Even when I decided to be serious about my DJ’ing, I was still on the fence about buying the mixer.  The final tipping point for me was the extra cash I was able to earn from working overtime most of December.  Even then, I felt a little guilty about opening the box with the mixer when it arrived earlier this week.  I consider myself a frugal person, and found myself wondering if this was a little excessive.  But I’m glad I have it, and am grateful to have the opportunity to further develop my skills as a DJ.

it was twenty years ago today–an anniversary of ‘global’ proportions

17 Sharaf 166 B.E. (Baha’i calendar)
Soundtrack in my head:  U2, “Dancing Barefoot”

It was twenty years ago today that over a hundred people from all over the country travelled to L.A. via bus and airplane (and perhaps even thumb) and gathered together in a large field behind a church in Simi Valley, CA.   The purpose was to convene and prepare themselves for the Global Walk for A Livable World.

The Global Walk was a cross-country walk for the environment in which roughly one hundred people walked from Los Angeles to New York over a period of nine months in 1990.  We were a mobile caravan and intentional community living out of tents, walking an average of fifteen miles per day, and stopping in cities and small towns to talk about the environmental crisis and ways to help save the planet.  You can read more about the Global Walk here.

I had the fortune of being one of the staff members for the Global Walk.  I found out I was hired by the Global Walk organizaiton in the middle of finals week of my senior year in college, and at the end of May 1989, I hopped on a bus to L.A. to begin my work.  Between June and August of that year, three of us lived out of a van as we helped map the walking route and establish contacts in different cities.  Then from August 1989 until January 1990, I worked out of the Global Walk office across from the Palisades in Santa Monica. I served as their field coordinator to  follow up further with contacts in developing publicity events, speaking events, and logistical support for the Walk.  We as staff lived very simply, subsisting on stipends of $500 a month and staying for free at the homes of former Great Peace Marchers.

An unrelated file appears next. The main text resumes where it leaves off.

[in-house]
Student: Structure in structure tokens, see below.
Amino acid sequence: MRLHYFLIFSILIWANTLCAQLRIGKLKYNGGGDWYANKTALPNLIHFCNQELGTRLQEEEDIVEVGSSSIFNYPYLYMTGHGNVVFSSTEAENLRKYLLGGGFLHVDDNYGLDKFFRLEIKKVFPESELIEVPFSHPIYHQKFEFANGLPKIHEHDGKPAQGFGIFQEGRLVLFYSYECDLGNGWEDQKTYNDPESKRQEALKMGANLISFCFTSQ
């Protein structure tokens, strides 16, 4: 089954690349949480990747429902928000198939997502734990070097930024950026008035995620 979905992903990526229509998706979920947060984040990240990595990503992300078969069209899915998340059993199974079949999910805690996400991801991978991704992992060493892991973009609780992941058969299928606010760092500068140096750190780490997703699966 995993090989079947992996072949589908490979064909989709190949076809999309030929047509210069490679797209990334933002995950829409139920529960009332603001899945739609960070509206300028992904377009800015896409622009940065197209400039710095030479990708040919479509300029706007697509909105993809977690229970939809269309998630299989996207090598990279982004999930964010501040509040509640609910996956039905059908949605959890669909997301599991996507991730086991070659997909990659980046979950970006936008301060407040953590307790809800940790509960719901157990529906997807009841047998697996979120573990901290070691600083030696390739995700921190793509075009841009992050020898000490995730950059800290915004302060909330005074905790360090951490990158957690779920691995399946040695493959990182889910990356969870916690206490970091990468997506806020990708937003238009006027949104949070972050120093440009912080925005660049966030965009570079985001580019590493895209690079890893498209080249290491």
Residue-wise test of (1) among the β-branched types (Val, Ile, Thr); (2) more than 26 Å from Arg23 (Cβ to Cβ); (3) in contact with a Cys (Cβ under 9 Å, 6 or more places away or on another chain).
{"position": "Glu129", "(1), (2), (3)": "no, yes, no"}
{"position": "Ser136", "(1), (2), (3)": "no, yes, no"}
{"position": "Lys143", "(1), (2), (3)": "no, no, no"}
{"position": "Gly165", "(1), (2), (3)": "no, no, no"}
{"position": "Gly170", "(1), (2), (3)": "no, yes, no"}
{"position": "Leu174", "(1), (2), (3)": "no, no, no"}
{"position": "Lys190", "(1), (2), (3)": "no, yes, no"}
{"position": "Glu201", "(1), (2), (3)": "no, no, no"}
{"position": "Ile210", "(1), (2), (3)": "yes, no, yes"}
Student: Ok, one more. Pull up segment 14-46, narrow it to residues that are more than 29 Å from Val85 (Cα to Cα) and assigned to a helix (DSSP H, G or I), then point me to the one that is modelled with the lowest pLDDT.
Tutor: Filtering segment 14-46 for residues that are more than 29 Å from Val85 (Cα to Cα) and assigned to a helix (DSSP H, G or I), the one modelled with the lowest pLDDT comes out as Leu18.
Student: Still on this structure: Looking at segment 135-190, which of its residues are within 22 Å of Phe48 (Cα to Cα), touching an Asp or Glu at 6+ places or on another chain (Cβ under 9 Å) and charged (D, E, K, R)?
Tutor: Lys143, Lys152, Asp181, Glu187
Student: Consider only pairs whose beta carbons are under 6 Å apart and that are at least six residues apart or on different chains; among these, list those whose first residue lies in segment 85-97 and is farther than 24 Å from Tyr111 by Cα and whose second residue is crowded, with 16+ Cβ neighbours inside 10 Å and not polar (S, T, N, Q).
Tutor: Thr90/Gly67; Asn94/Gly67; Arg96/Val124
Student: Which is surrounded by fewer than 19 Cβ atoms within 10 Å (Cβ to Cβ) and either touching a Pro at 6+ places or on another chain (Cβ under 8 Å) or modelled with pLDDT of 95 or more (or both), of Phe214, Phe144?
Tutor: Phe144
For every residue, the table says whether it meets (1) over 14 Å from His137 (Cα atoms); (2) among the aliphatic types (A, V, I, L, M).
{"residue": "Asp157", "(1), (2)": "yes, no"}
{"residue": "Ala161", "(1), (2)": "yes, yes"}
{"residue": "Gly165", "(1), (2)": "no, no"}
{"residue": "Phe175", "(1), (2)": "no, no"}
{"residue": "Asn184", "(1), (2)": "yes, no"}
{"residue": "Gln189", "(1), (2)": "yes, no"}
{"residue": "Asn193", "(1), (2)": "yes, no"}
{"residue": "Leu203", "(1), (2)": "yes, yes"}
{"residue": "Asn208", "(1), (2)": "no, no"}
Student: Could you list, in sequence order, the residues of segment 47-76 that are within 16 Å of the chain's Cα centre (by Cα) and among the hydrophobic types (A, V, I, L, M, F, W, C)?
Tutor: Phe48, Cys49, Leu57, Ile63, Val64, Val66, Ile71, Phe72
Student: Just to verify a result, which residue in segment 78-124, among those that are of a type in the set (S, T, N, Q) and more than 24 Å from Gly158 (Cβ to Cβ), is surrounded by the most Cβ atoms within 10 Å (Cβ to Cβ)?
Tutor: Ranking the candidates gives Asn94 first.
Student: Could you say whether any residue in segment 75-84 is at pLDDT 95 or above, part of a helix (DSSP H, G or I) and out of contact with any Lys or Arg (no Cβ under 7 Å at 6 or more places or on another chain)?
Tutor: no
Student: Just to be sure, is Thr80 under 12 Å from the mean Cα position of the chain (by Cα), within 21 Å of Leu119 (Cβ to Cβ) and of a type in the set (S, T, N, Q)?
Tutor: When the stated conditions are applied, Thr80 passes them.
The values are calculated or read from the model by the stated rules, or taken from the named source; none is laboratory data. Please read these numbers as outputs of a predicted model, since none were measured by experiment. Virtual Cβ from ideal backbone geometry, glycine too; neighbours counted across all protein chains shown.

To be honest, it was hard to imagine what kind of creature we were creating in that Santa Monica office. At that point, the walkers existed only as names on registration forms, and it was hard to imagine what kind of people we would encounter once we began to gather in Simi Valley. 

But on January 15, 1990, they began arriving. Some of them stopped at the Santa Monica office prior to setting up camp to help out with last minute mailings and other things.  It was fascinating to finally associate faces with names.  The Walk started becoming something tangible at that point.  What had been an organization with an office and small staff started becoming a community taking on a life and a personality of its own.

We camped out in the field for two weeks.  During that time we had a number of meetings where we hashed out decision-making processes, job rotations and other issues.  People pitched in to help with constructing the interiors and painting the exteriors of the support vehicles.  We also had a talent show, a few dances, and activities to get to know each other.  People tried out their gear and an REI near Glendale, CA offered walkers a steep discount on gear–that is where I got my walking shoes, tent, and sleeping bag.  I still have the latter two today.

I have vivid memories of the sights, smells, and feelings of that time.  It was a time giddy with anticipation and excitement.  In some ways, those two weeks in Simi Valley were a trial run for when we would actually start walking. But more on the start of the Walk in a future post…